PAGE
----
Feeling Betrayed: The Roots of Muslim Anger at America

Feeling Betrayed The Roots of Muslim Anger at America

International Relations, Islamic World, Terrorism and al Qaeda

Steven Kull, Brookings Institution Press 2011 c. 275pp.

 

Though it has been nearly a decade since the attacks of September 11, the threat of terrorism emanating from the Muslim world has not subsided. U.S. troops fight against radical Islamists overseas, and on a daily basis, Americans pass through body scanners as part of the effort to defend against another attack. Naturally, many Americans wonder what is occurring in Muslim society that breeds such hostility toward the United States.

Steven Kull, a political psychologist and acknowledged authority on international public opinion, has sought to understand more deeply how Muslims see America. How widespread is hostility toward the United States in the Muslim world? And what are its roots? How much support is there for radical groups that attack Americans, and why?

Kull conducted focus groups with representative samples in Egypt, Morocco, Pakistan, Jordan, Iran, and Indonesia; conducted numerous in-depth surveys in eleven majority-Muslim nations over a period of several years; and comprehensively analyzed data from other organizations such as Gallup, World Values Survey and the Arab Barometer. He writes:

“A premise of this book is that the problem of terrorism does not simply lie in the small number of people who join terrorist organizations. Rather, the existence of terrorist organizations is a symptom of a tension in the larger society that finds a particularly virulent expression in certain individuals. The hostility toward the United States in the broader society plays a critical role in sustaining terrorist groups, even if most disapprove of those groups’ tactics. The essential ‘problem,’ then, is one of America’s relationship with the society as a whole.”

Through quotes from focus groups as well as survey data, Kull digs below the surface of Muslim anger at America to reveal the underlying narrative of America as oppressing— and at a deeper level, as having betrayed—the Muslim people. With the subtlety of a psychologist he shows how this anger is fed by an “inner clash of civilizations,” between Muslims’ desire to connect with America and all that it represents, and their fear that America will overwhelm and destroy their traditional Islamic culture.

Finally, Kull maps out the implications of these findings for U.S. foreign policy, showing how many U.S. actions antagonize the larger Muslim population and help al Qaeda by improving their capacity for recruitment. He specifies steps that can mitigate Muslim hostility and draw on some of the underlying shared values that can support more respectful and, possibly, even amicable Muslim-American relations.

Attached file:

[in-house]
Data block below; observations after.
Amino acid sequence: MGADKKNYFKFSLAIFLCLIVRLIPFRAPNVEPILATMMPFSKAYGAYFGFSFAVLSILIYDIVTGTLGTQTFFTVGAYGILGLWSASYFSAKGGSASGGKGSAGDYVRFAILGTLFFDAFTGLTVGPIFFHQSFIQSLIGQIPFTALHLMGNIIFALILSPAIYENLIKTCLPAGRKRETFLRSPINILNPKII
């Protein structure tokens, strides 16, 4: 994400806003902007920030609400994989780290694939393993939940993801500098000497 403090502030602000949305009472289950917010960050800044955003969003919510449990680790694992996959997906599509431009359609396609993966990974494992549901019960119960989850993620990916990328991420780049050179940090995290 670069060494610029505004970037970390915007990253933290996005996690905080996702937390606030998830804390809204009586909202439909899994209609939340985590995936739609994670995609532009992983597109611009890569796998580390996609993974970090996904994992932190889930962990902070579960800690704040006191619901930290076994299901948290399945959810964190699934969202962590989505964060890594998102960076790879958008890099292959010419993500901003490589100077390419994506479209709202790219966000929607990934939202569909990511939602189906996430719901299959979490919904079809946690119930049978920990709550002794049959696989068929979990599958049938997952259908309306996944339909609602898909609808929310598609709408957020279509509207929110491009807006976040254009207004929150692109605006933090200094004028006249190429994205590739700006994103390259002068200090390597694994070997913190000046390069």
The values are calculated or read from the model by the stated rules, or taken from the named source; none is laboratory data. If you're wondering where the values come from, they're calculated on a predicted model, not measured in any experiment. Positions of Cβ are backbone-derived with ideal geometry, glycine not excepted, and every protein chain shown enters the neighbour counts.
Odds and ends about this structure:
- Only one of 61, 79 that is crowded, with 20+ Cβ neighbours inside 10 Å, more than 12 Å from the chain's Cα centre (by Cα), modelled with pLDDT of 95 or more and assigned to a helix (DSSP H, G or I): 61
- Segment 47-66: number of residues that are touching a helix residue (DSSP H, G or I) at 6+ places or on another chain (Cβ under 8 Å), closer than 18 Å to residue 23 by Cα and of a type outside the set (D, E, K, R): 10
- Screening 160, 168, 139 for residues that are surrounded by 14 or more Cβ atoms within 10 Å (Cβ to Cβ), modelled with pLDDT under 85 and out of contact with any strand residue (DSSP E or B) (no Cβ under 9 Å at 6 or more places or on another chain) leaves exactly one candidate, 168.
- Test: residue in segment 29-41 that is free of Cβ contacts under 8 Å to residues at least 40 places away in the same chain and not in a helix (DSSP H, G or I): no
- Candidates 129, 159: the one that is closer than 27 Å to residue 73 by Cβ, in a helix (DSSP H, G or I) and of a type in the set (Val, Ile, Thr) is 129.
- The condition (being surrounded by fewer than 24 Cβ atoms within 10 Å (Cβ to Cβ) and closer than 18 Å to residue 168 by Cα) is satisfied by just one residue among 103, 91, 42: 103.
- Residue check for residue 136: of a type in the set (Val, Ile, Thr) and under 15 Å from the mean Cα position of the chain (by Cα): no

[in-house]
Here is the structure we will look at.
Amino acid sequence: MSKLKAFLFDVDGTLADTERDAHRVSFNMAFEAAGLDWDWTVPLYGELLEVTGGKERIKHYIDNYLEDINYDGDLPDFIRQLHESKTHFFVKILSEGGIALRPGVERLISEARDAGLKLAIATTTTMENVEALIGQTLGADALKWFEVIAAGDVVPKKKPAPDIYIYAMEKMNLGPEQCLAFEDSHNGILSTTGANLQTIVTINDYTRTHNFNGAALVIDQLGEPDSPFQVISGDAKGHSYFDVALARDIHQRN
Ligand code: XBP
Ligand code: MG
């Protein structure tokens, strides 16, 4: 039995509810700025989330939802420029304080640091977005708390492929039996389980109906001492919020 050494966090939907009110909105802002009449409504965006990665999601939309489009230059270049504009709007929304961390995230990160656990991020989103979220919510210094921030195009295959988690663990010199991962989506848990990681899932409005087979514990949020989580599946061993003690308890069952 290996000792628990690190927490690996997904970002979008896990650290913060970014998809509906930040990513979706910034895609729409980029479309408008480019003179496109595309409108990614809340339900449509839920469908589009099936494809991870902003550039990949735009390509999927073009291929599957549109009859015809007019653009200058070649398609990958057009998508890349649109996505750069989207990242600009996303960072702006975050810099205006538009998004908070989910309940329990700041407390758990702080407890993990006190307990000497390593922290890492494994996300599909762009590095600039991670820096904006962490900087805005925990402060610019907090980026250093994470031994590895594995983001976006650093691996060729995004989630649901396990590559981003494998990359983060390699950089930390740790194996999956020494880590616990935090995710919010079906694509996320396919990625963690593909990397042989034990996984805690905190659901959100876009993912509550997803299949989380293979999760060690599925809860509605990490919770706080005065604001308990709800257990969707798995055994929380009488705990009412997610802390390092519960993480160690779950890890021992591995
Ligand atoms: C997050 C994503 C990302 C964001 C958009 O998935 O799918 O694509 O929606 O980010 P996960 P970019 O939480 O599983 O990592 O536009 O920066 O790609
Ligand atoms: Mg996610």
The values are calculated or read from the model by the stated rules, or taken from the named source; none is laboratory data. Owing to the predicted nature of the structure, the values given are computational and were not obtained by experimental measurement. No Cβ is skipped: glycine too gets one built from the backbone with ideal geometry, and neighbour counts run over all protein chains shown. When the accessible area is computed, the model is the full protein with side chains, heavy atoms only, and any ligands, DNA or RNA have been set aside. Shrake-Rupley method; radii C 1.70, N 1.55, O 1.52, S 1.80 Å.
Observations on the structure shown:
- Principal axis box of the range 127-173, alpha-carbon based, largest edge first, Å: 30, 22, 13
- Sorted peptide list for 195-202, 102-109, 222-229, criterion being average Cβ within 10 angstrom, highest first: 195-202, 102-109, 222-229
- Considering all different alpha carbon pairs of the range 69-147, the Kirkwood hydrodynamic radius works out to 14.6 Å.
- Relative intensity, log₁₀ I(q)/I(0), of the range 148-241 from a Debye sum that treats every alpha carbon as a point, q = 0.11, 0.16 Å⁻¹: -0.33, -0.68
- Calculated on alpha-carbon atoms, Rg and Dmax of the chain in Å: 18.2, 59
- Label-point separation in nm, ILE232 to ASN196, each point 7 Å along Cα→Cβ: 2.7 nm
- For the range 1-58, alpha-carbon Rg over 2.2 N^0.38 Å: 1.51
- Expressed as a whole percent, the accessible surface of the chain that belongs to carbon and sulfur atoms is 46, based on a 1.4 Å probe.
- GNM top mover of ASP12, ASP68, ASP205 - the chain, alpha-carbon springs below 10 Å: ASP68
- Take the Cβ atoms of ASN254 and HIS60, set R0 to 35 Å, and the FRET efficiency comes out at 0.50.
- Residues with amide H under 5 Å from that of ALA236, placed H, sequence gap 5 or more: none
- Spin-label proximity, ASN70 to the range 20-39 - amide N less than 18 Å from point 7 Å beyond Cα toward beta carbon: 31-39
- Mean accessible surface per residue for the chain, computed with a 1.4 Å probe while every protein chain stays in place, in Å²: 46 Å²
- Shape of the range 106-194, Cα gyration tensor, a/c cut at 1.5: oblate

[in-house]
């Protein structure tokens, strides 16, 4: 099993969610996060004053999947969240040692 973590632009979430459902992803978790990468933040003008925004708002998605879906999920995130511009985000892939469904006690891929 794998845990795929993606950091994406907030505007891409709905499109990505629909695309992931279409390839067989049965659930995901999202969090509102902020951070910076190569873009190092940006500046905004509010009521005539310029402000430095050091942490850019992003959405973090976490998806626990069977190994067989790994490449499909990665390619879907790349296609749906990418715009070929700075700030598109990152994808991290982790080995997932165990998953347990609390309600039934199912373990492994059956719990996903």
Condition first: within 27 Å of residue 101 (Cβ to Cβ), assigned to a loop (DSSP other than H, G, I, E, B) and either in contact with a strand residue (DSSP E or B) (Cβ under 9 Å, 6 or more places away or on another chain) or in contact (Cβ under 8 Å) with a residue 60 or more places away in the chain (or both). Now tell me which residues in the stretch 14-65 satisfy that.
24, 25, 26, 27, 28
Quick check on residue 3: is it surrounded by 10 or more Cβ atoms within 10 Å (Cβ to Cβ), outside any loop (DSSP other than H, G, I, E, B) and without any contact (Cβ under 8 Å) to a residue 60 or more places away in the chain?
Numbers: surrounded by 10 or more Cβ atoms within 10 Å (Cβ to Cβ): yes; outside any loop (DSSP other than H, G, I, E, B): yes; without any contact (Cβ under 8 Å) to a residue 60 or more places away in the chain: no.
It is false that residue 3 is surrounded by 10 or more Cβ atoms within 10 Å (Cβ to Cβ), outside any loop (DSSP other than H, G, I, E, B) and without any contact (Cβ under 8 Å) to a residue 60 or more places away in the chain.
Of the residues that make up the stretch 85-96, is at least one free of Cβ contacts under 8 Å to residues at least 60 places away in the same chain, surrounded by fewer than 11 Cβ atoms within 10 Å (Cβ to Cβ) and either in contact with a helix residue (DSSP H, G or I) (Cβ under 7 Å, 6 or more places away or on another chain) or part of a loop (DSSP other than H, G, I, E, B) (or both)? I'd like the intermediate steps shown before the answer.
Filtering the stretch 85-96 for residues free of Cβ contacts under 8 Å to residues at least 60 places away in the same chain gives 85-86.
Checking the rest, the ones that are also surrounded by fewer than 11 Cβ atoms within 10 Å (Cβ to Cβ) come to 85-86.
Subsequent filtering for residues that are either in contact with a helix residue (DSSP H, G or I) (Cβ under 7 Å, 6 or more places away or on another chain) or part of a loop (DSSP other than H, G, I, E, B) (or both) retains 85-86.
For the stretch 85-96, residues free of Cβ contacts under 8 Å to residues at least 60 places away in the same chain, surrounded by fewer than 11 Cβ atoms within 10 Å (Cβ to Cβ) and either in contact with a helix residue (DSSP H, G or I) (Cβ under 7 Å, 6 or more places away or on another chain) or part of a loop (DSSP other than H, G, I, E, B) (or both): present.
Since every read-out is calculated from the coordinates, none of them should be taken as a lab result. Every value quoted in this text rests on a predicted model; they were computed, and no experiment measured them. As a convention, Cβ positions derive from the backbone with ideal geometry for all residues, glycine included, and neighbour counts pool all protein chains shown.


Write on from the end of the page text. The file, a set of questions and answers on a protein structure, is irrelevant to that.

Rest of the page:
Advance Praise for the Book:

“Steven Kull’s Feeling Betrayed breaks new ground and is a must—read for academics and policymakers. It is an in-depth study of Muslim attitudes toward the United States. The findings culled from numerous public opinion polls and focus groups give an accurate picture of the concerns, hopes, and political and ideological inclinations of citizens in Muslim majority countries, which I have used during my work for the government and since.”
—Emile Nakhleh, former director, CIA Political Islam Strategic Analysis Program, and author of A Necessary Engagement: Reinventing America’s Relations with the Muslim World

“The democratic revolution throughout the Middle East compels the Obama administration to rethink U.S. policy to meet a profoundly changed region. Steven Kull’s excellent Feeling Betrayed provides the data needed to make informed policy. The book is written by the voices of millions of Arabs. We would be wise to heed their message.”
—Wendy Chamberlin, president of the Middle East Institute, former U.S. ambassador to Pakistan

“I highly recommend this thoughtful and well-informed book. Steven Kull adds a unique perspective as a leading scholar of public opinion with a global view that helps place Muslim anger with America in a broader perspective.”
—Shibley Telhami, Anwar Sadat Professor for Peace and Development, University of Maryland


ABOUT THE AUTHOR

Steven Kull, The Brookings Institute

Ordering Information

Paper Text, 275 pages
978-0-8157-0559-8, $27.95

 

 

Steven Kull, a political psychologist, is director of both the Program on International Policy Attitudes (PIPA) at the School of Public Policy at the University of Maryland and WorldPublicOpinion.org, an international project studying public opinion around the world. He also conducts international polling for BBC World Service. He is coauthor (with I. M. Destler) of Misreading the Public: The Myth of a New Isolationism (Brookings).

DISCLAIMER:  A Celebration of Women has no affiliation with this publication, and is sharing this information for the express purpose of education.

 

 

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